The manual approval process checks just one thing - the screenshot. When
the stack is converted into a disk image, it is then loaded into Mini vMac
and a screenshot is taken. This screenshot is used as a poor-man's verifier
that the stack will work in the online emulator. In some screenshots, there
are error messages explaining why the stack cannot be opened (more RAM
required, needs a color display, needs AppleScript, etc) and these give a
pretty good indication that the stack will not work in the online emulator.
If the screenshot is of a seemingly-perfectly working stack, then I take
the assumption that the stack will work.
With time, I hope that the online emulator will improve. The Internet
Archive are always experimenting with different ways to improve the
emulation. One particularly interesting one that I think is being talked
about is WebAssembly, which will supposedly improve things quite a bit. In
one of their emulators for another system (think it was a games console)
they recently got saving to work, where it would store changes you made
locally on your machine, and then automatically load them into the emulator
when you went back to play again. So there is definitely progress...
Oh, and if anyone in this group has uploaded a file and it is still
processing days later, email me the ID (given at the end of the upload
process) or filename of the stack, and I'll give it a poke.
On 7 September 2017 at 07:46, DTS daretospam@[redacted].com[HyperCard] <
> Wow Andrew, thanks for putting these tools and files together!! I hope it
> inspires more people to get stacks out of archives and preserve them.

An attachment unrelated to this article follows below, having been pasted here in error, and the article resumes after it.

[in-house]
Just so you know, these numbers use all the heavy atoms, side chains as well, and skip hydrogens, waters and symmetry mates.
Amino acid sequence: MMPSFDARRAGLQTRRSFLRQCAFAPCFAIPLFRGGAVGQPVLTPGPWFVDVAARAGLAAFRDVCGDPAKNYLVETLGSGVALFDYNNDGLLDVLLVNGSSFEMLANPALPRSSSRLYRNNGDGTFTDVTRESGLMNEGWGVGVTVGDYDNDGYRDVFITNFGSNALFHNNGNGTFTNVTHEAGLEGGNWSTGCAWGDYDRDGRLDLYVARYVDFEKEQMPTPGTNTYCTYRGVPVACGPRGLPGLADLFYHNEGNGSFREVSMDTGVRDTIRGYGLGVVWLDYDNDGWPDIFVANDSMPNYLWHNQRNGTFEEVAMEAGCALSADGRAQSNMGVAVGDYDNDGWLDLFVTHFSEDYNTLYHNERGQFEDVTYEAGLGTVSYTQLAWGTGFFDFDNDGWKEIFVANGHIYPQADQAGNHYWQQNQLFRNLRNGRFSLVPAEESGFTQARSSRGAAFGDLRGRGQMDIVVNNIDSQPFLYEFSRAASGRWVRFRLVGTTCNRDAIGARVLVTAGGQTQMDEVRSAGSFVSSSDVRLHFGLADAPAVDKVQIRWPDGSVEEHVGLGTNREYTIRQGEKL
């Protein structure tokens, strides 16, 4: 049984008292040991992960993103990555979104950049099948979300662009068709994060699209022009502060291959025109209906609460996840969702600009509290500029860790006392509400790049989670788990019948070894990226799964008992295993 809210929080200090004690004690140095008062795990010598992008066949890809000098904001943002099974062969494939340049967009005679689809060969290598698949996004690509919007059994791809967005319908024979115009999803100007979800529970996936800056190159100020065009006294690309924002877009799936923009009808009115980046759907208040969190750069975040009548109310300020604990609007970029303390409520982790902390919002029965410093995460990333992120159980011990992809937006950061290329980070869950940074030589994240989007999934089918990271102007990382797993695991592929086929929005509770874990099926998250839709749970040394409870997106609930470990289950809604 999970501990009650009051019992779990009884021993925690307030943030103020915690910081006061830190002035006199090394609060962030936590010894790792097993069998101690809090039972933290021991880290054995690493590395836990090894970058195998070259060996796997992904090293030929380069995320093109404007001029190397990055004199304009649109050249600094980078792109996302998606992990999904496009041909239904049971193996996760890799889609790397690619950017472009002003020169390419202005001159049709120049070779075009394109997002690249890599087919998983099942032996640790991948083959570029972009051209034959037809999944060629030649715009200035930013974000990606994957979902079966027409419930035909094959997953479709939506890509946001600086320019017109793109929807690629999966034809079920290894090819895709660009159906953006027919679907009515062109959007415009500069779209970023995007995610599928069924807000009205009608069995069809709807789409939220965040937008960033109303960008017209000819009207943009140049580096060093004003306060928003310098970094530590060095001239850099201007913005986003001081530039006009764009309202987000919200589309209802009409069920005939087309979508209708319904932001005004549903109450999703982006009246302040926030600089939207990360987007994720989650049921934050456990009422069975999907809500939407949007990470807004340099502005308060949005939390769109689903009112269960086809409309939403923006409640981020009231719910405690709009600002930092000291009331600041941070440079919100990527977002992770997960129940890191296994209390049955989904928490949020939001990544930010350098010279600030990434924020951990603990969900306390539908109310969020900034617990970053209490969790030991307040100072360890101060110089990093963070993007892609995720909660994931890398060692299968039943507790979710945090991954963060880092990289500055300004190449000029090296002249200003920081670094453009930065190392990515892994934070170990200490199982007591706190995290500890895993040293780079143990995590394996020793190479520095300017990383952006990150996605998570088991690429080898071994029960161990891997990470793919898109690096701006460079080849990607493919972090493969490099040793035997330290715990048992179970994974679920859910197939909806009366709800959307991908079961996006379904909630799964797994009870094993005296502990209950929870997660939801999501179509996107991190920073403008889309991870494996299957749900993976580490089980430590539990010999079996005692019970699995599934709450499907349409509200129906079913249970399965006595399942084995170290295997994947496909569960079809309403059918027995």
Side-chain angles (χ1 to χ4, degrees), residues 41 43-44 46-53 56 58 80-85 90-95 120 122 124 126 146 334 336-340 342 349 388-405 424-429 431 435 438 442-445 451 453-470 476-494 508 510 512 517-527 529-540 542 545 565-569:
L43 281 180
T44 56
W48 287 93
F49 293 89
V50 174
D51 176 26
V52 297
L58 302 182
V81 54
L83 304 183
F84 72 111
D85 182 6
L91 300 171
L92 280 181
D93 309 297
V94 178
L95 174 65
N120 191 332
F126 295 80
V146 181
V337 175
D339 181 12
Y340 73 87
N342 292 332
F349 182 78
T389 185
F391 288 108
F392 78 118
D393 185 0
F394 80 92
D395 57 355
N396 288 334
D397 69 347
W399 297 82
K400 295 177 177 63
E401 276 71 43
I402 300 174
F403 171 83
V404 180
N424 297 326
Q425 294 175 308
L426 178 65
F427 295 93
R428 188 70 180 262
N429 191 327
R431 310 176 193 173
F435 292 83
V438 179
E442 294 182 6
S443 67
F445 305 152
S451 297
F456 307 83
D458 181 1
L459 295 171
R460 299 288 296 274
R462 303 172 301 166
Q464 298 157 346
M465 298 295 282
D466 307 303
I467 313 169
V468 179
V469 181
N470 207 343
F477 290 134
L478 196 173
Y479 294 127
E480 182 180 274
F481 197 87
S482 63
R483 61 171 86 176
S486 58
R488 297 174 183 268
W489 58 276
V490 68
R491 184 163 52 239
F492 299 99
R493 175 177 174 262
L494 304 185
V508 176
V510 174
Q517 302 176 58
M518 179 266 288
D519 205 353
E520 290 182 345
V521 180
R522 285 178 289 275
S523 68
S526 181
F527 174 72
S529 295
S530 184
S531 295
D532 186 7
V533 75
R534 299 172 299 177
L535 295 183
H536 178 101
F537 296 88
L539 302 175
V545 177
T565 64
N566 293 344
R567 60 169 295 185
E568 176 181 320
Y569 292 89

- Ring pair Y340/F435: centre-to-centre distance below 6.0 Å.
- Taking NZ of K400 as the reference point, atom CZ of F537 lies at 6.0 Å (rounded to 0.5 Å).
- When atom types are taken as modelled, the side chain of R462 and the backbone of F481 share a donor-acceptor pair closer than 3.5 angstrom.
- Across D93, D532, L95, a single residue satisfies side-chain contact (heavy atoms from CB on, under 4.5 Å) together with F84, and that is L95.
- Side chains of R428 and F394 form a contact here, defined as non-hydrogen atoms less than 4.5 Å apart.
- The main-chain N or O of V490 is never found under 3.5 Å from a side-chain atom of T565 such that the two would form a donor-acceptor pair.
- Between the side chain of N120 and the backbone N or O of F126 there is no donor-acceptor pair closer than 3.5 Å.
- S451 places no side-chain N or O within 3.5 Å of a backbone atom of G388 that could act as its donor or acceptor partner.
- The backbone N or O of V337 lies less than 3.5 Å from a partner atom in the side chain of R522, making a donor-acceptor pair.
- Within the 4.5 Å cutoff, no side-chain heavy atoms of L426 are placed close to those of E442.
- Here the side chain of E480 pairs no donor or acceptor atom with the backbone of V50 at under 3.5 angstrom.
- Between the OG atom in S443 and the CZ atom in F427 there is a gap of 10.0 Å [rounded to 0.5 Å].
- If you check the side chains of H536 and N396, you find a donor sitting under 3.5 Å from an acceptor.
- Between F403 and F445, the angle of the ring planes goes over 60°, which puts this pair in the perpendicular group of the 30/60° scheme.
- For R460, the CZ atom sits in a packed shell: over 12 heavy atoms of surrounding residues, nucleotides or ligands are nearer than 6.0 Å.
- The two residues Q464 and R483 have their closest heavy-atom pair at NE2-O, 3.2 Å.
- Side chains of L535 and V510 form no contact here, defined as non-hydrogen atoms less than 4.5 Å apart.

> Having the screenshots is really useful. I found the online emulator is a
> bit slow and buggy, but I guess that will change in time. At least if it is
> something interesting, it is easy to download a disk image and open it in
> mini vMac.
> I am curious, what does the manual approval process entail?
> On Tue, Aug 15, 2017 at 5:52 AM, Andrew Ferguson
> andrewferguson500@[redacted].com[HyperCard] <HyperCard-Mailing-List> wrote:
>> Hi Uli,
>> Thanks very much for that (didn't realise it was so easy!). I've updated
>> the system so it now supports raw HyperCard stacks, as well as stuffit
>> expander-archives and disk images. The backend all runs on Linux, but there
>> is a handy utility called hattrib (part of the hfsutils package) that can
>> edit the type/creator code of files in HFS disk images - the syntax is
>> identical to the setFile utility you mentioned, but with hattrib in place
>> of setFile.
>> On 14 August 2017 at 20:13, Uli Kusterer Witness.of.TeachText@[redacted].net>> [HyperCard] <HyperCard-Mailing-List> wrote:
>>> On 14. Aug 2017, at 20:26, Andrew Ferguson andrewferguson500@[redacted].com>>> [HyperCard] <HyperCard-Mailing-List> wrote:
>>> > Oh, and does anyone know if there is a way to force HyperCard to open
>>> a stack that is missing its resource fork? I've had quite a few uploads of
>>> raw stacks missing their resource forks, and this would be very useful.
>>> You mean HyperCard just won't recognize them as stacks? Set their file
>>> type/creator code to STAK/WILD using ResEdit, that should make HyperCard
>>> recognize a file as a stack.
>>> Of course, the resource fork contains icons, cursors, XCMDs, XFCNs,
>>> AddColor information and sounds, so if the stack had those originally, the
>>> stack will still not work, but really setting the file type and creator
>>> should be all that's needed.
>>> I think there were a few XCMDs for setting a file's type/creator (check
>>> the Developer Stack 1.3r, ISTR that contained an external to do that, and
>>> Rinaldi likely had one as well), or alternately you can look for FTyper and
>>> MakeFTyper, which let you create a little droplet that changes type and
>>> creator of files that are dropped on it. You can also use the SetFile
>>> command line tool that comes with macOS X (Or maybe it requires Xcode to be
>>> installed), like SetFile -c WILD -t STAK /path/to/file
>>> -- Uli Kusterer
>>> "The Witnesses of TeachText are everywhere..."